In this age of information, we increasingly rely on data to inform our decisions. But it is not just the data itself which is important for decision making. The utility of data for policy and investment very much depends on the paradigms and frameworks which guide our thinking and inform our questions. In the words of Thomas Kuhn, “The answers you get depend upon the questions you ask.”
Below, we’ll discuss the power of frameworks in shaping research and providing insights for financial inclusion policy and investment. The central character in this story is the FinAccess survey, conducted approximately every three years through a collaborative partnership under the FinAccess Management team (FAM). Led by the Central Bank of Kenya, the FAM collaboration also includes the Kenyan National Bureau of Statistics and FSD Kenya, with contributions from the private sector.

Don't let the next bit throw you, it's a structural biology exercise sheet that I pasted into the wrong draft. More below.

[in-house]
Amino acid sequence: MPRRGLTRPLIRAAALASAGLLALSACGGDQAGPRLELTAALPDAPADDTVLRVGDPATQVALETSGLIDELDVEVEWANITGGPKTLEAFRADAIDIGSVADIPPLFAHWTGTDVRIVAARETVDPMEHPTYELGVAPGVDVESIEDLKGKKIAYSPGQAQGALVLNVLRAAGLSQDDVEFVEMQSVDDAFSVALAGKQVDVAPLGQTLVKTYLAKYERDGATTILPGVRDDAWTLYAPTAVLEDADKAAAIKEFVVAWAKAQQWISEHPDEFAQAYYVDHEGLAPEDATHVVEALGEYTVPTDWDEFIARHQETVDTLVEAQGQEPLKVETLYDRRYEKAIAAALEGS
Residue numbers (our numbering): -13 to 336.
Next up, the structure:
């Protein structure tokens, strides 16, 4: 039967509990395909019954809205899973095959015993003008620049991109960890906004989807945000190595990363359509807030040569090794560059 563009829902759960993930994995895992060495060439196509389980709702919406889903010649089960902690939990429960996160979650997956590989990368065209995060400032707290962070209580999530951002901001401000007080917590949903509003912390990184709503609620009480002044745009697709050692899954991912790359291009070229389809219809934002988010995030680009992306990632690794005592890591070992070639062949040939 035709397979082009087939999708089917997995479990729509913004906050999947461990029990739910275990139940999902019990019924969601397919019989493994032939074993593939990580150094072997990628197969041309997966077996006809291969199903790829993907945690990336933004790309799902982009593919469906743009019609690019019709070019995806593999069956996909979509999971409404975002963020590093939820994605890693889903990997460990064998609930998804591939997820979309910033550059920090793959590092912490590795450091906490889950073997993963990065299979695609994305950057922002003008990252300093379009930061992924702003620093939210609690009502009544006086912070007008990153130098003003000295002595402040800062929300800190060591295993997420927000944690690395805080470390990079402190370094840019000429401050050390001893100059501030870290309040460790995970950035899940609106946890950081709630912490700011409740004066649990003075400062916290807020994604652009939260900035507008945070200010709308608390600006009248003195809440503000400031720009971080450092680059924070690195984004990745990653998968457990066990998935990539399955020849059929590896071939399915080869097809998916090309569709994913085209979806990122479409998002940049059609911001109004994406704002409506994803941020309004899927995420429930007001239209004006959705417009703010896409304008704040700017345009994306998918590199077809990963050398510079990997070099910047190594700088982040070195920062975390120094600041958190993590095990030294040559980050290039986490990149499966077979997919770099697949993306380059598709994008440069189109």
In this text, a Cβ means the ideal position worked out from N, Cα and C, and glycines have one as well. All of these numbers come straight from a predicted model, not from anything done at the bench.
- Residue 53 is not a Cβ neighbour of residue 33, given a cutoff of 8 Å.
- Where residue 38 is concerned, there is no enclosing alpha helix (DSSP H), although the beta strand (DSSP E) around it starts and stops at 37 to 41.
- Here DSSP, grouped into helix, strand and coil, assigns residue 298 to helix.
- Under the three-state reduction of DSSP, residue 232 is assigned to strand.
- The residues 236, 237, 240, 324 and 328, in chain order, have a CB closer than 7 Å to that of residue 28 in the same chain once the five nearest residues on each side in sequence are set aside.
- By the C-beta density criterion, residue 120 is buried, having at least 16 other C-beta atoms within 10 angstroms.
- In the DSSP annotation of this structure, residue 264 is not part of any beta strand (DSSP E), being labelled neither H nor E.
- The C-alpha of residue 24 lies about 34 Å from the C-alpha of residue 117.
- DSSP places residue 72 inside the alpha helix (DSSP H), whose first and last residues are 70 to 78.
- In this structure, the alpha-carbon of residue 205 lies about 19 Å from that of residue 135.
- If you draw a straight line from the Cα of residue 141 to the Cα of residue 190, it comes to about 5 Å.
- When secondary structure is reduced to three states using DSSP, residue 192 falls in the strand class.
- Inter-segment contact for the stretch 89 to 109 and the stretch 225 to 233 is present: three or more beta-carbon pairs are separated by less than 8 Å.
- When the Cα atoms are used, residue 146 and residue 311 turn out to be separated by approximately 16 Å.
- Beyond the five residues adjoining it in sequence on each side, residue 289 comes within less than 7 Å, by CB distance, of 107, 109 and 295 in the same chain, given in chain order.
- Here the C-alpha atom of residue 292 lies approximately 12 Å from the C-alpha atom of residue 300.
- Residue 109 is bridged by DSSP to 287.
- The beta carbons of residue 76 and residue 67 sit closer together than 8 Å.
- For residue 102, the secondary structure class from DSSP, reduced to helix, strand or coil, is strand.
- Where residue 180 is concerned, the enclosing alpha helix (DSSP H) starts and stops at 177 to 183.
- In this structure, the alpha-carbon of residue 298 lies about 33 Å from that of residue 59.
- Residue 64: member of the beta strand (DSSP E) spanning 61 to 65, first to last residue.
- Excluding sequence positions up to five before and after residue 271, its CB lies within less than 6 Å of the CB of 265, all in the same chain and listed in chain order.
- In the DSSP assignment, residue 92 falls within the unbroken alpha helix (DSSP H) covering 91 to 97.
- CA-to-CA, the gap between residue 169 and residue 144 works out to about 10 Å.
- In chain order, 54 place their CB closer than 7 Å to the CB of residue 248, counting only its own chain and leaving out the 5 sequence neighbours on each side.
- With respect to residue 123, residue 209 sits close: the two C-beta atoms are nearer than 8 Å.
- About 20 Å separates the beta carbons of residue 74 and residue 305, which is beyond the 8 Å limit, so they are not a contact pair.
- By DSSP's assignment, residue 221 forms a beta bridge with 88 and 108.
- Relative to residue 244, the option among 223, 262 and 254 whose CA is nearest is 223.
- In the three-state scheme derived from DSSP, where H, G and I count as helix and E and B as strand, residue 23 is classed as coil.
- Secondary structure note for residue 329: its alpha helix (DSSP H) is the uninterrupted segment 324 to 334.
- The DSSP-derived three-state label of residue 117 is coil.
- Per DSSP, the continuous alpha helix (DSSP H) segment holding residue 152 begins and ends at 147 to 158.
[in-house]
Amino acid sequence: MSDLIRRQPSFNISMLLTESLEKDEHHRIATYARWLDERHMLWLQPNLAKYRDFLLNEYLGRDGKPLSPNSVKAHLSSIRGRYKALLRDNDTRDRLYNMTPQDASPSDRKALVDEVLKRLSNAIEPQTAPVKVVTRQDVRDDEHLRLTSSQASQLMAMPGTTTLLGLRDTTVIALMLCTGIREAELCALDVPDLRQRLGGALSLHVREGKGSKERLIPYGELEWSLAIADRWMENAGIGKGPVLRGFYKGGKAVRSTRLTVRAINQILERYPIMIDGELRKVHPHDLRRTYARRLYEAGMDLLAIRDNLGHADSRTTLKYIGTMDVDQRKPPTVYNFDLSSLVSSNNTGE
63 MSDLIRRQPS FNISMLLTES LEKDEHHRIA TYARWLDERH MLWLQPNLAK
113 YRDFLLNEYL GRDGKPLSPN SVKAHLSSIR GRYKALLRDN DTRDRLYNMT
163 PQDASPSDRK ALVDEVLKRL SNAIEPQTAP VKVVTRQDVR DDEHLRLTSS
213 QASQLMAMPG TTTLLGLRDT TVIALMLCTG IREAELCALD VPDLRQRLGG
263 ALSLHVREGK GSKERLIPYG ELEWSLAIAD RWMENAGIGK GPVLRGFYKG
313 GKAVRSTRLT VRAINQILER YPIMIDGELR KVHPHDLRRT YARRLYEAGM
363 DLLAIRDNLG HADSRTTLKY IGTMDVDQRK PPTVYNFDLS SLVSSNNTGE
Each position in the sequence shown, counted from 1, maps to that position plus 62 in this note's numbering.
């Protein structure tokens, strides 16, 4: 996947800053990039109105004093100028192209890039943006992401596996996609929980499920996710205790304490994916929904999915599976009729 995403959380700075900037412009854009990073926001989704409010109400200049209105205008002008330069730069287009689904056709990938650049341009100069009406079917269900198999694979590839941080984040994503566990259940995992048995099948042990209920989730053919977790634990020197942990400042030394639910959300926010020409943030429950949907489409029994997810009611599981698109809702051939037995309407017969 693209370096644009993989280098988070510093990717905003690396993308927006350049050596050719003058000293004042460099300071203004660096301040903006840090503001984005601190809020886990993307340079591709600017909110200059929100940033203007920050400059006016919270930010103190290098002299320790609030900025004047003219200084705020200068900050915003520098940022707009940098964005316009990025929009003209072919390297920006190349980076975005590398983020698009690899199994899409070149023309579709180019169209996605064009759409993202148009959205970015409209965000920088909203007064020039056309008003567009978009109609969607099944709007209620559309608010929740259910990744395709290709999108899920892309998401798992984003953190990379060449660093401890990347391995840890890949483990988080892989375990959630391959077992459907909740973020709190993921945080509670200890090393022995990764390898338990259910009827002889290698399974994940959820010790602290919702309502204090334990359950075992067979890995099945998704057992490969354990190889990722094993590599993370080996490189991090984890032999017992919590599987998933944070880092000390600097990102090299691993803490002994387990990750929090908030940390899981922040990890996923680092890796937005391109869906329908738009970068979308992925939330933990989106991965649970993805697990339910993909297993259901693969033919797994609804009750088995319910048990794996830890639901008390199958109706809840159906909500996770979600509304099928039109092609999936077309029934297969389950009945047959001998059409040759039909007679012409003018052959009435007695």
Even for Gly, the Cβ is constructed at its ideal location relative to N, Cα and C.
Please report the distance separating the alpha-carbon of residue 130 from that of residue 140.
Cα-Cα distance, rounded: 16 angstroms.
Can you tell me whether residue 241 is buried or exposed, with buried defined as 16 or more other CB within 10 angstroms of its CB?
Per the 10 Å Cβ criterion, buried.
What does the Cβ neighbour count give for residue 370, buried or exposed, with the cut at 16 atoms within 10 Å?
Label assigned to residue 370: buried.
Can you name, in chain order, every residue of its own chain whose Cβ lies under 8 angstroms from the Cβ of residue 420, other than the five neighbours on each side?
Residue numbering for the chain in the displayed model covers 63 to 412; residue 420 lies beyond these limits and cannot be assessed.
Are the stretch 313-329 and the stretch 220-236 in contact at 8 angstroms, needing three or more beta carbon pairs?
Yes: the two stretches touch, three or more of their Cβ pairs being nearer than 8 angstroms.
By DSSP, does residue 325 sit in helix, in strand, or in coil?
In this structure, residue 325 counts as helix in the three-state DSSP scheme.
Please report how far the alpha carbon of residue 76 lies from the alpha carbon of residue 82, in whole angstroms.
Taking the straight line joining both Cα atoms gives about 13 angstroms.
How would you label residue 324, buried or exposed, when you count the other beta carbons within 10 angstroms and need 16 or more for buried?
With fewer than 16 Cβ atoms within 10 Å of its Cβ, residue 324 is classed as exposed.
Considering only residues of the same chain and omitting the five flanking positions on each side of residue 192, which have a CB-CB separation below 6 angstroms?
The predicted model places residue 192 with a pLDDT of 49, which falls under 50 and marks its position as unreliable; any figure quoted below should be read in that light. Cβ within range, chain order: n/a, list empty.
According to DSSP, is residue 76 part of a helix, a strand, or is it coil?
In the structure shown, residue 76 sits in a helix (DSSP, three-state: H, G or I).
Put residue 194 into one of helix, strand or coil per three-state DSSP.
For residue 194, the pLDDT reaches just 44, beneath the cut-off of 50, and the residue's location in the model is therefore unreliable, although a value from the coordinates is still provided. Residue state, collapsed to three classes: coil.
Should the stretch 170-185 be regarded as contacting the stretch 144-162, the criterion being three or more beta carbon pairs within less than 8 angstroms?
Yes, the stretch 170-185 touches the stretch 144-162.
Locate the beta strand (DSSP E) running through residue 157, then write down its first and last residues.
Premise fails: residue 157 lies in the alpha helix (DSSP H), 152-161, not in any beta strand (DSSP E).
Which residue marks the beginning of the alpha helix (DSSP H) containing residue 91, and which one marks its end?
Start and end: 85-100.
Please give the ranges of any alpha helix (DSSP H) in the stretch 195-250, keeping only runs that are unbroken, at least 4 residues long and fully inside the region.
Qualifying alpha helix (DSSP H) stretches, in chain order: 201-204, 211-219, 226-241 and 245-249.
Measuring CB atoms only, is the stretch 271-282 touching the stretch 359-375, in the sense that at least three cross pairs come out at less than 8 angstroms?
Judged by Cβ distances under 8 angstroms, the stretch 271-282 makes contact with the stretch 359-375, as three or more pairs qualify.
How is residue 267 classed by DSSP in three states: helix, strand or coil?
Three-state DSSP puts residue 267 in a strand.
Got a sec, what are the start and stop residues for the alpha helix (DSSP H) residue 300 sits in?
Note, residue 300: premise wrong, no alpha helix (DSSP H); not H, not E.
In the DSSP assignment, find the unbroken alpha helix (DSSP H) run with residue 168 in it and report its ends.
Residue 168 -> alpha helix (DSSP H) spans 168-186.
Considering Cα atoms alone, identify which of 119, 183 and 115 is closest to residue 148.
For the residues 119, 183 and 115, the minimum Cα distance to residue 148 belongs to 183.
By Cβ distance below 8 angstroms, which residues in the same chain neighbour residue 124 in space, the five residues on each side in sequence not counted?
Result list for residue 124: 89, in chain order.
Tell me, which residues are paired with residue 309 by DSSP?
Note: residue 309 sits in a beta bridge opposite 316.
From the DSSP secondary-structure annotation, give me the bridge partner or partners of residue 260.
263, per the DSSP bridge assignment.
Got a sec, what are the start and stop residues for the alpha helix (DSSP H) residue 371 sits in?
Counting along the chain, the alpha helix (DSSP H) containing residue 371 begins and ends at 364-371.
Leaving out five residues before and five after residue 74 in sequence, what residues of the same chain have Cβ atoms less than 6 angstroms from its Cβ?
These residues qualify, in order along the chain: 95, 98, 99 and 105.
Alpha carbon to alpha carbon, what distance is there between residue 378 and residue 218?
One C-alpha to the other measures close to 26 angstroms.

FinAccess was born as a result of a commitment between the public and private sectors to measure financial inclusion. Since its inception, FinAccess has played an important part in framing Kenya’s financial inclusion agenda, enabling us to measure ourselves against our African peers and track our progress. Indeed, early commentators on financial inclusion in Kenya went so far as to suggest that FinAccess helped to put the concept of financial inclusion on the map, enshrining it as part of the country’s financial sector lexicon. This underlines the power of frameworks to inform our thinking and support new policy directions – and ultimately, new investments.
Assessing the benefits of formal financial inclusion